By Dustin Ensinger
Pit bulls could soon become as accepted in the eyes of the law in the city of Reynoldsburg as the bullmastiff and the bulldog.
Reynoldsburg City Council’s safety committee voted unanimously July 7 to move a measure to full council to change the city’s law that outlaws pit bulls.
The change in law – recommended by a special committee formed by council – would bring the city in line with state law, which identifies dogs as “vicious” or “dangerous” based on behavior, not breed.
A 2012 change in state law now reserves the “vicious” label for any dog that kills or causes serious injury to someone without provocation. “Dangerous dogs” are defined as those that cause non-serious injuries to a person or kill another dog without provocation.
The city’s current law defines all pit bulls as “vicious.”
Safety committee chairman Chris Long proposed the change in law be fast-tracked under emergency order after the first reading by council.
Councilman Dan Skinner said he felt as though the legislation needs “tightened up” before full council takes up the measure, saying council received the proposed changes with analysis from City Attorney Jed Hood just prior the Fourth of July holiday weekend.
“It leaves us in trouble for challenges down the road,” Skinner said.
Long resisted further debate.
“I do believe there has been ample enough time dedicated to this issue,” Long said. “I don’t agree that all of a sudden this has been sprung.”
However, Long relented and agreed to change the order he called for emergency order to passage after the second reading by full council after first suggesting it be passed after one reading. The final vote is scheduled for the July 28 council meeting.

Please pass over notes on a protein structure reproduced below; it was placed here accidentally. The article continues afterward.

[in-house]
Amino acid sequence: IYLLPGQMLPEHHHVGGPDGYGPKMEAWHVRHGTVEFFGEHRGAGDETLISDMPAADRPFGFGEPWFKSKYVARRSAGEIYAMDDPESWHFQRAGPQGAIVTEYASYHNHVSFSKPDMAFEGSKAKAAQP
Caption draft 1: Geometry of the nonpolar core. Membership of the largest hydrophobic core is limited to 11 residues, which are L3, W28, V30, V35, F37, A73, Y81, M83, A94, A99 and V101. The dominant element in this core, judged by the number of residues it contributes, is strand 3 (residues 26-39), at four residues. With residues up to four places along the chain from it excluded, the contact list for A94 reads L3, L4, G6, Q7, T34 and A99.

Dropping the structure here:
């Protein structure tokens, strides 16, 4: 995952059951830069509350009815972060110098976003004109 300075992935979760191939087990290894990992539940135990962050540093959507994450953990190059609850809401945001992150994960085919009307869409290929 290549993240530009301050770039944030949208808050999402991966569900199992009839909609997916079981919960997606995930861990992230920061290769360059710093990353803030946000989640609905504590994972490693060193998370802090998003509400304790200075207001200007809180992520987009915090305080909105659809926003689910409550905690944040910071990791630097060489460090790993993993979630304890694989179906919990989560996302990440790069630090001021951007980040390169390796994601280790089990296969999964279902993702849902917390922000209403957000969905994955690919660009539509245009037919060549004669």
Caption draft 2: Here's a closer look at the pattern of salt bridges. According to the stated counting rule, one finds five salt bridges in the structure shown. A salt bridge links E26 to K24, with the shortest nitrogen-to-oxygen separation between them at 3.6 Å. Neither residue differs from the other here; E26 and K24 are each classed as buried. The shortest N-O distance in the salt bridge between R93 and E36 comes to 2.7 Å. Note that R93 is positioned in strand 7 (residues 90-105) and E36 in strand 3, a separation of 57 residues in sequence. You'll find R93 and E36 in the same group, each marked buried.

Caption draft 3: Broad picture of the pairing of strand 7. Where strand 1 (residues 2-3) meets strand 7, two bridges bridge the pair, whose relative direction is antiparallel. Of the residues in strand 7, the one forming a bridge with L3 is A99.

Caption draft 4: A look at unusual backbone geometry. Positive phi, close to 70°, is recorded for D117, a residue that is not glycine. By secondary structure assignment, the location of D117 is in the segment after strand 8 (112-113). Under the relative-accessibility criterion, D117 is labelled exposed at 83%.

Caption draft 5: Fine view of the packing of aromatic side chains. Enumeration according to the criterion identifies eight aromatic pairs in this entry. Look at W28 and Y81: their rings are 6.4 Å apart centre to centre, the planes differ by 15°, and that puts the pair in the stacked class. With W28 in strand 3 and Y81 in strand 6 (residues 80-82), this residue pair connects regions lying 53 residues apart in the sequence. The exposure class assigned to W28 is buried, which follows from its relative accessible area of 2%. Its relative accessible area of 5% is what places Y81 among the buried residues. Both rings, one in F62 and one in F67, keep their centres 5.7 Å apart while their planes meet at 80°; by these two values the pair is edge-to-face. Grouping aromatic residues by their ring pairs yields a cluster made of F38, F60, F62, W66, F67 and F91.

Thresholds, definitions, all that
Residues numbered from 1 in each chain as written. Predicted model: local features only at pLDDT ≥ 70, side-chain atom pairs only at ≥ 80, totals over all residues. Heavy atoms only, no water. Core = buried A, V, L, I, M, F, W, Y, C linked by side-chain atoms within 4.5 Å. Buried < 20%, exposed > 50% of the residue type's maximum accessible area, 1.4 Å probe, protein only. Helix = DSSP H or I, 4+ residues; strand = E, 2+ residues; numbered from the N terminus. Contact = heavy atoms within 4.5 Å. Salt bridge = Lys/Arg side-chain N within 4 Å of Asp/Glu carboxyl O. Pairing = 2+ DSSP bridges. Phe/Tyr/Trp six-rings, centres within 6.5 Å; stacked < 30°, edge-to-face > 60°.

The definition of “vicious” dogs is just one of many proposed changes by the committee formed to review the city’s ordinance dealing with animals.
The proposed changes – which will be voted on piecemeal – would also strengthen the laws on leashing, tethering and at-large animals. Barking dogs and the possession of exotic animals – which is already banned by the Ohio Revised Code – would also be addressed, among several other parts of the ordinance.
“It’s truly the first time we’ve taken to revising an entire section of our codified ordinances,” said City Attorney Jed Hood.
Among the changes are that it would be illegal to utilize an electric fence to keep a dog confined in a front yard and would prevent dogs from being in public right-of-ways unleashed.
Councilman Scott Barrett questioned how difficult it would be to enforce the proposed laws.
“I’m not sure that the nuts and bolts would be a whole lot different,” Mayor Brad McCloud said in comparison to the current ordinance.
The proposed change would also allow for homeowners living in areas zoned as residential to house up to six chickens in their back yards. A similar measure was debated in 2011 and abandoned.